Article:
Back to town from the Island. Coming home on Monday.

We have now completed the first official graduation of students from a course of study at the Lake Victoria Bible Institutes, Buvuma Section. We issued 20 Certificates of Graduation and nine Certificates of Discipleship for a total of 29 student certificates. When I started the Institute program in 2014, I did not know…well, a lot of things.

    • I did not know how the pastors and leaders of Ugandan churches would respond to the opportunity I was suggesting to them – to train them in basic biblical churchmanship, theology and life application.
    • I did not know even the idea of giving exams in Uganda for certificates. I did not know until I stood up to give my small portion of the many talks and speeches shared at the ceremony yesterday that the reason for the examination was not for me to be certain they had grasped the information, but rather for the students to demonstrate to themselves that they had learned this material. I realized as I stood and gazed proudly across at them sitting in their robes and graduation hats that these students when I first met them had felt beaten down, isolated and neglected by their circumstances. But now this program has lifted them to a new level. Gail and I needed them to discover that truth for themselves, and somehow, the exams accomplished that. Through the difficult rite of passage represented by the testing, the certificate became much more than a piece of paper to these students. The hard-earned certificate became a symbol of over 200 hours of classroom study that, according to their own testimonies, has effectively changed many of their paths as church leaders and believers. I did not know at first why God required these tests, but I do now –the students needed them.

      Gail passes out and monitors the written exams.

    • I did not know that so many would stick with the program year after year, coming together for a week at a time to receive the training over three and a half years. We have over 250 students registered in the program, but there is a strong core of about 120 who are committed and who show up every time we come.  The fewest hours registered for any of these graduates was 210 hours of class time, and the highest was 270, which represents being present at every single session since I first began with a two-day church planting conference in 2014.
    • I did not know that when I finished my first teaching on the island in 2014 and a man stood up in the back of the class and begged me through an interpreter, “Please, we have no teaching. Please come and teach us….” that the Institute program that we developed in response to that request would in such a short amount of time expand across Uganda to nine centers from west to east, and south to north. Truly, this heart-cry was a request which no teacher could deny, and it has changed my life and theirs.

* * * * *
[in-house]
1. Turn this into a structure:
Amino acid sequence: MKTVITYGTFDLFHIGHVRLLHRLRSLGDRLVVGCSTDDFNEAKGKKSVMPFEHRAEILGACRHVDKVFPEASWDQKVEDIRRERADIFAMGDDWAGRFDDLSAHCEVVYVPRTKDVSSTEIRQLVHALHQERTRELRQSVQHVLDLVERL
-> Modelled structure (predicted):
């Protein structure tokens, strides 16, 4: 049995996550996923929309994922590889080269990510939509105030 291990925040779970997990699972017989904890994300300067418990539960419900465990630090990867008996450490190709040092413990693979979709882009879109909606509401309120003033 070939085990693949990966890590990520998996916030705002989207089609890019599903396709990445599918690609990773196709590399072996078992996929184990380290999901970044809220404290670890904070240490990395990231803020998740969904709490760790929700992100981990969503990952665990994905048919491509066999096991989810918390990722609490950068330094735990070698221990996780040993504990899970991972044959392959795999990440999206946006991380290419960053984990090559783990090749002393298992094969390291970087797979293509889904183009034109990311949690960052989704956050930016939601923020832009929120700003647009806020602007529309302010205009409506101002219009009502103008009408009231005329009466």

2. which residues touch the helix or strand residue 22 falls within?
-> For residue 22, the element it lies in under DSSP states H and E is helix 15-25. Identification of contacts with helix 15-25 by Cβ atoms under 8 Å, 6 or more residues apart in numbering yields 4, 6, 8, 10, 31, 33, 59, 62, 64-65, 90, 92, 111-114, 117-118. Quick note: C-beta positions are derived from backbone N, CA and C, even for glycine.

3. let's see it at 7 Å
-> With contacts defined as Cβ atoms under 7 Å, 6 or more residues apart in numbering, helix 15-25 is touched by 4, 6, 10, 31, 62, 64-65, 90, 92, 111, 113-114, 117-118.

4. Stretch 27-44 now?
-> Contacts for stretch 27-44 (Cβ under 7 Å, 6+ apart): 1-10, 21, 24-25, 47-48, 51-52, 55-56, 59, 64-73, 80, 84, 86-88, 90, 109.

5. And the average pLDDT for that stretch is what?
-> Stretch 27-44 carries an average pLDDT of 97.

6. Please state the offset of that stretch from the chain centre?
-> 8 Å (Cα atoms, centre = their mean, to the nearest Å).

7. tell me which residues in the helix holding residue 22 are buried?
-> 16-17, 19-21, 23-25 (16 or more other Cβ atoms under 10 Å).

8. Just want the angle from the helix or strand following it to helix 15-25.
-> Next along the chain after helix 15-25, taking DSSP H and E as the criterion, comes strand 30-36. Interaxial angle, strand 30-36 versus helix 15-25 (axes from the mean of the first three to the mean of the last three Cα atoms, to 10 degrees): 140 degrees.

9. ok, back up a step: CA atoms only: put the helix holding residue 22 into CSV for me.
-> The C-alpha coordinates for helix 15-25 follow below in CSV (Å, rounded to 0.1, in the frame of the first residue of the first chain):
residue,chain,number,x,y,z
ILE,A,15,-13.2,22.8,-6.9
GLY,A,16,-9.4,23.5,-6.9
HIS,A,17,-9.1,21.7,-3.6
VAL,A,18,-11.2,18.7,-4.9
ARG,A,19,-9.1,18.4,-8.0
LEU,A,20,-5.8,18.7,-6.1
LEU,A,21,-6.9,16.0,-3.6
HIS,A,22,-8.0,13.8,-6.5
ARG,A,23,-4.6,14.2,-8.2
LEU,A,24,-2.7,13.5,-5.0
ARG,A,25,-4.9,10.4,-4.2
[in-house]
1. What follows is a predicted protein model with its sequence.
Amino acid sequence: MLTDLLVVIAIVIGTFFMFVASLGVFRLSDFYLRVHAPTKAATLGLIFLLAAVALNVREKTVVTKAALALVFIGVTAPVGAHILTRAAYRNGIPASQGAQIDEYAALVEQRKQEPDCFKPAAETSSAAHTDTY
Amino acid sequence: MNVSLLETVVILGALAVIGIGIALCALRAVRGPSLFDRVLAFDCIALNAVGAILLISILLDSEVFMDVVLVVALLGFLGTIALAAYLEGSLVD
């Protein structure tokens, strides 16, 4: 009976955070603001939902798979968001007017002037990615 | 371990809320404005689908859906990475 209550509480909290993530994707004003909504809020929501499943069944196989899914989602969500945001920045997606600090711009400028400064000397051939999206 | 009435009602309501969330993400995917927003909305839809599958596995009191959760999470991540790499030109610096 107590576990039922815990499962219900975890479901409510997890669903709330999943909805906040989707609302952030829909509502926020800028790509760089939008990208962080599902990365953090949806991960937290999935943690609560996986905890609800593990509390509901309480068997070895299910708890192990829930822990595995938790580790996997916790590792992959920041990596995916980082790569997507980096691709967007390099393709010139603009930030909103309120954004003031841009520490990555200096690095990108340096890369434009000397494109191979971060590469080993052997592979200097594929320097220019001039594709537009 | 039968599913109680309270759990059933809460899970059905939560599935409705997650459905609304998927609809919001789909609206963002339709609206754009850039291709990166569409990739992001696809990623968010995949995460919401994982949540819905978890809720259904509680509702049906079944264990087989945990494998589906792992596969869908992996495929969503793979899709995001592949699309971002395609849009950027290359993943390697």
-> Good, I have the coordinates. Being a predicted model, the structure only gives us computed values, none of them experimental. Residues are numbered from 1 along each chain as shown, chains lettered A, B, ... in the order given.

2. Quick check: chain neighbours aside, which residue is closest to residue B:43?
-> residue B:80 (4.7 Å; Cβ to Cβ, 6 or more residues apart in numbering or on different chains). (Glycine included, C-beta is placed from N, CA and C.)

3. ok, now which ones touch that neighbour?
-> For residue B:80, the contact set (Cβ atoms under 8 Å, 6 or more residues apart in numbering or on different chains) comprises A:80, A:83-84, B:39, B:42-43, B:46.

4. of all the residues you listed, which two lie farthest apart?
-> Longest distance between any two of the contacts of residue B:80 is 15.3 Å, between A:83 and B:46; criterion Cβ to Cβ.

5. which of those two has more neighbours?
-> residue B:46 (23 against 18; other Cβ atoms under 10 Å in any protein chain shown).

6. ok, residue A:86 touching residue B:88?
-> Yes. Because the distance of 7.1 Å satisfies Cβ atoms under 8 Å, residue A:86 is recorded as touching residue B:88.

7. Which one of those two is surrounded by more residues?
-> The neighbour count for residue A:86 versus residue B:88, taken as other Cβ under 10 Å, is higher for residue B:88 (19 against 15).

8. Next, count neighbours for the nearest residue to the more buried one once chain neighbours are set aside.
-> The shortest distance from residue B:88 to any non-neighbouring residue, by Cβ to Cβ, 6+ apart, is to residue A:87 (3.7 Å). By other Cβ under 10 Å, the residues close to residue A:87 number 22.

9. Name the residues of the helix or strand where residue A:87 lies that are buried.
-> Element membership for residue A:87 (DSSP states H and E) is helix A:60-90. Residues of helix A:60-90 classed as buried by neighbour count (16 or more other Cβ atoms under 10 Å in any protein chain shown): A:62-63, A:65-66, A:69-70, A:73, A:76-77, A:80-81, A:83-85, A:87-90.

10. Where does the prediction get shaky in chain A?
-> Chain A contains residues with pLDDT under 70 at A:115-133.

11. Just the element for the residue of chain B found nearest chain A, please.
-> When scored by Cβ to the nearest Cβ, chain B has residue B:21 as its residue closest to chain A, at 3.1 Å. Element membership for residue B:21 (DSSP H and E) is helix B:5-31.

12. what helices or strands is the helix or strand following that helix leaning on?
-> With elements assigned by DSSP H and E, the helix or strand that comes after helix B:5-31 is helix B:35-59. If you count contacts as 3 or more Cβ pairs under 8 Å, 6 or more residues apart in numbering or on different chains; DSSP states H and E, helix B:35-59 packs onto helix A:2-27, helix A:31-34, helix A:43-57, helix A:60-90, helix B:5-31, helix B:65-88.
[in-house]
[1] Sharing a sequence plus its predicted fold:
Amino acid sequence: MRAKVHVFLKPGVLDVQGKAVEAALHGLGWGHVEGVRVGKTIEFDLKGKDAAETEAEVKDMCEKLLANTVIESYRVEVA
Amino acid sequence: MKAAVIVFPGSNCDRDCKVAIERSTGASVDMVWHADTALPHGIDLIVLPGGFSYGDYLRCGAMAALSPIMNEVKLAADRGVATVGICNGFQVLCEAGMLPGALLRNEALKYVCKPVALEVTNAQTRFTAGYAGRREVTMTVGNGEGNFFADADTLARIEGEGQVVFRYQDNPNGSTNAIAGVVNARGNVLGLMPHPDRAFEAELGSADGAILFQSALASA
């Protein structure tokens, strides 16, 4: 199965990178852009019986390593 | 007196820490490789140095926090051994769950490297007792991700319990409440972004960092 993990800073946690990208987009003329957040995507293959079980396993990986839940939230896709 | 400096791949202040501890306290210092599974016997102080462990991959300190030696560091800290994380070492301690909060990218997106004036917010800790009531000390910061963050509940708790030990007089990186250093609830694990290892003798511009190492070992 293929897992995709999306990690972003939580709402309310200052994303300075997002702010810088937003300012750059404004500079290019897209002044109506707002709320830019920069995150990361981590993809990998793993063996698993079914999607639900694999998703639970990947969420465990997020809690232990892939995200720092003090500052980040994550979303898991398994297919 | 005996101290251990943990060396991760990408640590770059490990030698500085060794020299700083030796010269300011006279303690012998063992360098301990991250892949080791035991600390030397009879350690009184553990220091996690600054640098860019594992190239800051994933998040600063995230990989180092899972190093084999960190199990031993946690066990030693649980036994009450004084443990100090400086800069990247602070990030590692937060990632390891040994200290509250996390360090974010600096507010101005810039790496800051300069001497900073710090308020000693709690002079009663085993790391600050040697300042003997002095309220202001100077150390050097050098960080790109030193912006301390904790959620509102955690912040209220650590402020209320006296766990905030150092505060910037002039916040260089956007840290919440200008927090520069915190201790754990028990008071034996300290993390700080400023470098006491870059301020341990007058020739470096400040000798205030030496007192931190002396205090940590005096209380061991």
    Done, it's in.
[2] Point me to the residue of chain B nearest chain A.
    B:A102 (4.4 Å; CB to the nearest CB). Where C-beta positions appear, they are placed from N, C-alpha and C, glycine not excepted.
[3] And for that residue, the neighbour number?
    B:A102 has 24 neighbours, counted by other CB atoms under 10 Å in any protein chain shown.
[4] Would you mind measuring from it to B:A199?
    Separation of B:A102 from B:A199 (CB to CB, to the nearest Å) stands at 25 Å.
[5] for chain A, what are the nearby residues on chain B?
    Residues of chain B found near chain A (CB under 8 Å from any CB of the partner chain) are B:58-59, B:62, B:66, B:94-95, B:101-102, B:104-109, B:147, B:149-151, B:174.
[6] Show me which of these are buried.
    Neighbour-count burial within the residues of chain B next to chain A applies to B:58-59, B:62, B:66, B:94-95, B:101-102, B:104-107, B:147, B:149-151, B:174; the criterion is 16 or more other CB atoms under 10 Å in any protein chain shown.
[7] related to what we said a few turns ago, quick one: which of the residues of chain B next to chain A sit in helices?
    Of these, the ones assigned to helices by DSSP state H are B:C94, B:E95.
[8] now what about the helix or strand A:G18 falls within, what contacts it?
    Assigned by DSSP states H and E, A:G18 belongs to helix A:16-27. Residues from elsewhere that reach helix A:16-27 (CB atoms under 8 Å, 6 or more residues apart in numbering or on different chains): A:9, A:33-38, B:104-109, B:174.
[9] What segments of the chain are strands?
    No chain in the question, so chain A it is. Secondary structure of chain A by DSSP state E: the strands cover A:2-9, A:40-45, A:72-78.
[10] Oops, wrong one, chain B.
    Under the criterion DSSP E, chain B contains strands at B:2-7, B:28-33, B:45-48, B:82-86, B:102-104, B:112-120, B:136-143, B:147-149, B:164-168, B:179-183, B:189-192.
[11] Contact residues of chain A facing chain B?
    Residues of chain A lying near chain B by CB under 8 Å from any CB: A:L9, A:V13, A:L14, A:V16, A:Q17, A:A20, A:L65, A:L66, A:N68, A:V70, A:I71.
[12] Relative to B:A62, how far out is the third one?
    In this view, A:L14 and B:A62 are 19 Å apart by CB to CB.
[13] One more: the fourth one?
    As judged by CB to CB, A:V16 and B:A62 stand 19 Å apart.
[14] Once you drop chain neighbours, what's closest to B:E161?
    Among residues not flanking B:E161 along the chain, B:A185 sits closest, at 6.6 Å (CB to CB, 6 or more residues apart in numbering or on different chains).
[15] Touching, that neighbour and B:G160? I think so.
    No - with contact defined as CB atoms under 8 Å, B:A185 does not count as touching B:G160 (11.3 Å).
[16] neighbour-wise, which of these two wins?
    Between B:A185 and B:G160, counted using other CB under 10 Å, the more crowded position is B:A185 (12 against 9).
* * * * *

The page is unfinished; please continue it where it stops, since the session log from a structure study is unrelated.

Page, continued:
Bob administers the oral exams.

  • I did not know that every time we come to Uganda the Lord would open new doors for other centers until we have so many requests that we can’t cover them all. The first time it happened, He whispered, “Look to the water,” before I had even left the US and before I even knew there were any people living in the islands of the lake, let alone 250,000 of them. That gentle little whisper is what led me to Buvuma Island the first time. And that still, small Voice still speaks today, repeatedly opening up new frontiers.
  • I did not know at the beginning that God would raise up indigenous Ugandan teachers to carry this Institute ministry forward when I one day can no longer come. Yet, in this graduating group alone, there are at least three and maybe four who will form the core of just such a group over the next two years, gifted teachers who can carry this ministry.

    The students took these tests very seriously.

All of these things collided in my mind and heart as I sat through the ceremony on the island in the front row, in front of OUR students who were about to receive their certificates. As I listened to the many speeches from guest pastors and  local government leaders exhorting them to take their teaching and apply it in their churches, I reflected on the three preceding days of examinations. This had been a grueling ordeal for them because they fear evaluation, especially testing. We gave eight separate written exams to those who could read English, and eight separate oral exams to those who could not read English or could not read at all but still managed to study and prepare for the exams. I was able to use the exam process occasionally to re-teach as needed, often branching from a difficult concept that all the students were still struggling with to teach the concept one more time, followed by more penetrating questions to make sure they had it.

The graduates proudly march in, led by no other than the ever-popular Mama Gail, dressed in the robe they insisted she wear for the ceremony.